This document concerns the detention of suspected terrorist suspects who are non-British nationals. In the context of a world which is more alert to security in the wake of the 9/11 attacks, the Government reacted with new laws. However, these laws need to be tempered with age old principles of liberty of the person, which are at the heart of English law and are secured by both Magna Carta and Habeas Corpus terrorist atrocities cannot let us forget this. It cannot allow us to throw these liberties away. Otherwise the terrorists would win. The Government therefore needs to strike a balance between national security and liberty of the individual. It is in the context of the above and an ongoing struggle between the Executive and the Judiciary that this case is set.
[...] If the detention is not lawful, the Writ of Habeas Corpus can be granted by the court to secure the release of the Subject) Furthermore, Habeas Corpus protection extends to non-British nationals—Sommersett's Case (1772) 20 St Tr s.23 of the 2001 Act was discriminatory Art.14, ECHR prohibits discrimination NB. After the decision, the Prevention of Terrorism Act 2005 was enacted, which replaced the 2001 Act. Section 1 of the 2005 Act allowed the making, by the Court, of a Control Order, which has the power to detain terrorist suspects of any nationality . this is still controversial. [...]
[...] “England is the same nation as it was at the time of the first Elizabeth or the Glorious Revolution. The Armada threatened to destroy the life of the nation, not by loss of life in battle, but by subjecting English institutions to the rule of Spain and the Inquisition. The same was true of the threat posed to the United Kingdom by Nazi Germany in the Second World War. This country, more than any other in the world, has an unbroken history of living for centuries under institutions and in accordance with values which show a recognizable continuity.” This illustrates the spirit and the topical and sensitive nature of this case 2. [...]
[...] Anti-Terrorism, Crime and Security Act 2001 Section 21 of this Act gave the Secretary of State the power to issue a certificate to detain non-nationals residing in the UK who were suspected terrorists Section 23 of this Act made provision for the detention of non-nationals Section 25 of this Act allowed those detained under s.21 to appeal to a body known as the Special Immigration Appeals Commission (SIAC) 11 people were detained under s.21 of the Act and appealed to SIAC on the basis that the 2001 Order and the 2001 Act were discriminatory because they allowed only non-nationals suspected of terrorism to be detained when equally dangerous British nationals could not be detained. SIAC allowed the appeal on discrimination grounds and: 1. [...]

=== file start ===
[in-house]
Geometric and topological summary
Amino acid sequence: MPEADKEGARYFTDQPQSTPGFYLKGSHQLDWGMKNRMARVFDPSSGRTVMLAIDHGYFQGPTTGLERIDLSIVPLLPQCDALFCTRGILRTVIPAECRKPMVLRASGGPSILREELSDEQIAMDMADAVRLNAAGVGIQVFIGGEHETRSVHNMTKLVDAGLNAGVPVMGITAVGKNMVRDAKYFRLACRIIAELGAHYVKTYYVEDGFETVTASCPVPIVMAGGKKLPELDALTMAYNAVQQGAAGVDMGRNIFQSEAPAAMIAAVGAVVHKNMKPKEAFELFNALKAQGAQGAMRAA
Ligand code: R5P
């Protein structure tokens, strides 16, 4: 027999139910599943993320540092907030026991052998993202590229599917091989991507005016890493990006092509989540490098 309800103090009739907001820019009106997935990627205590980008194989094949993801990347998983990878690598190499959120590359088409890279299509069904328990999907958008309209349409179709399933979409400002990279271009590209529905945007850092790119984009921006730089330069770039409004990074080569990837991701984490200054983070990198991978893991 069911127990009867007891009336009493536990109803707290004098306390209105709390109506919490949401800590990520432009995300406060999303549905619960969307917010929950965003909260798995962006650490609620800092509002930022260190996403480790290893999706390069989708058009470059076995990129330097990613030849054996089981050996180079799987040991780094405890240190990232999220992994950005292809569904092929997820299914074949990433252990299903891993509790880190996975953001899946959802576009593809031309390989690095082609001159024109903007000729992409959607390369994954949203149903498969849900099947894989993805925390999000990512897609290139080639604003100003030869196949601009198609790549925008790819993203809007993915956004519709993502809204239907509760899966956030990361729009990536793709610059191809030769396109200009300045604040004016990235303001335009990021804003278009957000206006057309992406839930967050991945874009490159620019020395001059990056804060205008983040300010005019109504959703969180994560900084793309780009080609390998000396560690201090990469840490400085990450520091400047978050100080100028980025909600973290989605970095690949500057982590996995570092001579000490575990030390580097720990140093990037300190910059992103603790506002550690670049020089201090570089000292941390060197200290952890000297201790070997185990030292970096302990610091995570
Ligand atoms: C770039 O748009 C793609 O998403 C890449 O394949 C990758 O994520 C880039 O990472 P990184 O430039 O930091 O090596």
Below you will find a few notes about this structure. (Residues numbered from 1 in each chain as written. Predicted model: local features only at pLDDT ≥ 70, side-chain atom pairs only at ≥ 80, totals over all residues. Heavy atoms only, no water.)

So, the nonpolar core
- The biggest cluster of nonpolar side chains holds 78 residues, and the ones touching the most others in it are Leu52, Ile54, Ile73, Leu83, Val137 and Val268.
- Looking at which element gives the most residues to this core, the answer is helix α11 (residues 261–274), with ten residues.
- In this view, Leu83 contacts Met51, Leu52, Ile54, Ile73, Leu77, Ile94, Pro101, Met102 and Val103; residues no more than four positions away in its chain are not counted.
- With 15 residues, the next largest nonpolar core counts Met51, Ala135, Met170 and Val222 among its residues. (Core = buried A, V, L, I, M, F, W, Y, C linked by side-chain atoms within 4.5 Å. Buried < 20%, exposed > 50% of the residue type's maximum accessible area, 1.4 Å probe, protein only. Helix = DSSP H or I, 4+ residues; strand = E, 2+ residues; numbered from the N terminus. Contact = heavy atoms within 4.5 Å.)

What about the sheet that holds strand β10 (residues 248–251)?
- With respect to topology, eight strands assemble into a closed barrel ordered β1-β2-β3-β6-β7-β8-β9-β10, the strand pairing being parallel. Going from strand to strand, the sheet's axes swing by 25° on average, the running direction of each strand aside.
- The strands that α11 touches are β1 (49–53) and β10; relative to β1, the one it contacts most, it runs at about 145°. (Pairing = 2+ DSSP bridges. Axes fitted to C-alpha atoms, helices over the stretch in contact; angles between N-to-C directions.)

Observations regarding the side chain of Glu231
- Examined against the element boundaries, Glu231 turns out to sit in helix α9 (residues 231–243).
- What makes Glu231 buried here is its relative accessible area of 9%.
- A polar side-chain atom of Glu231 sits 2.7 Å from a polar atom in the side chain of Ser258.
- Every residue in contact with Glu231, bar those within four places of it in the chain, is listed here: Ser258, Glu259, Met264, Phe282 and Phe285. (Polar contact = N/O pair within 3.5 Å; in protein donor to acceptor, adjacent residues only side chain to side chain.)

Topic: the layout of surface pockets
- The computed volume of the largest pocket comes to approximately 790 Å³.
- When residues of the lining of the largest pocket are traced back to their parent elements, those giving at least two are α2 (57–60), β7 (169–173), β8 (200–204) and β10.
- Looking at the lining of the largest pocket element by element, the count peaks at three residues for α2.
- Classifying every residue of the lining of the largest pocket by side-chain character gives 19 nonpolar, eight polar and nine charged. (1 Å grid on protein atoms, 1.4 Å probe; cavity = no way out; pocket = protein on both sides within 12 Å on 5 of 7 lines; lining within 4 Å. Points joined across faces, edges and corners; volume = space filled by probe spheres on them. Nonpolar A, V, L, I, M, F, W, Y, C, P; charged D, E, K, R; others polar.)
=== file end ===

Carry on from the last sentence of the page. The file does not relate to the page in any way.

[...] Quashed the 2001 Order 2. Granted a Declaration of Incompatibility under s.4 of the Human Rights Act 1998 that s.23 of the 2001 Act was incompatible with Articles 5 and 14 of ECHR because it permitted the detention of international terrorists by discriminating against them on grounds of nationality (i.e. the “British national” and “non-national” separation) The Secretary of State appealed the SIAC decision in the Court of Appeal, the CA and Others v Secretary of State for the Home Department  EWCA Civ 1502) allowed the Secretary of State's appeal, it was held: “There were objective, justifiable and relevant grounds for selecting only alien terrorists for detention, which did not involve impermissible discrimination.” In the same case, a cross-appeal from the 11 detainees was dismissed and it was held that the SIAC had correctly decided that there existed a “public emergency threatening the life of the nation” within art ECHR The 11 detainees therefore appealed against this decision to the House of Lords The Decision The House of Lords Law Lords sat for judgment, with Lord Bingham of Cornhill delivering the leading judgment) allowed the appeal of the 11 detainees The main reasons Lord Bingham gave for the allowing the appeal were: 1. [...]
[...] A and Others v Secretary of State for the Home Department Overview and Context This case concerns the detention of suspected terrorist suspects who are non-British nationals. In the context of a world which is more security alert in the wake of the 9/11 attacks, the Government reacted with new laws. However, these laws need to be tempered with age old principles of liberty of the person, which are at the heart of English law and are secured by both Magna Carta and Habeas Corpus—terrorist atrocities cannot let us forget this—it cannot allow us to throw these liberties away. [...]
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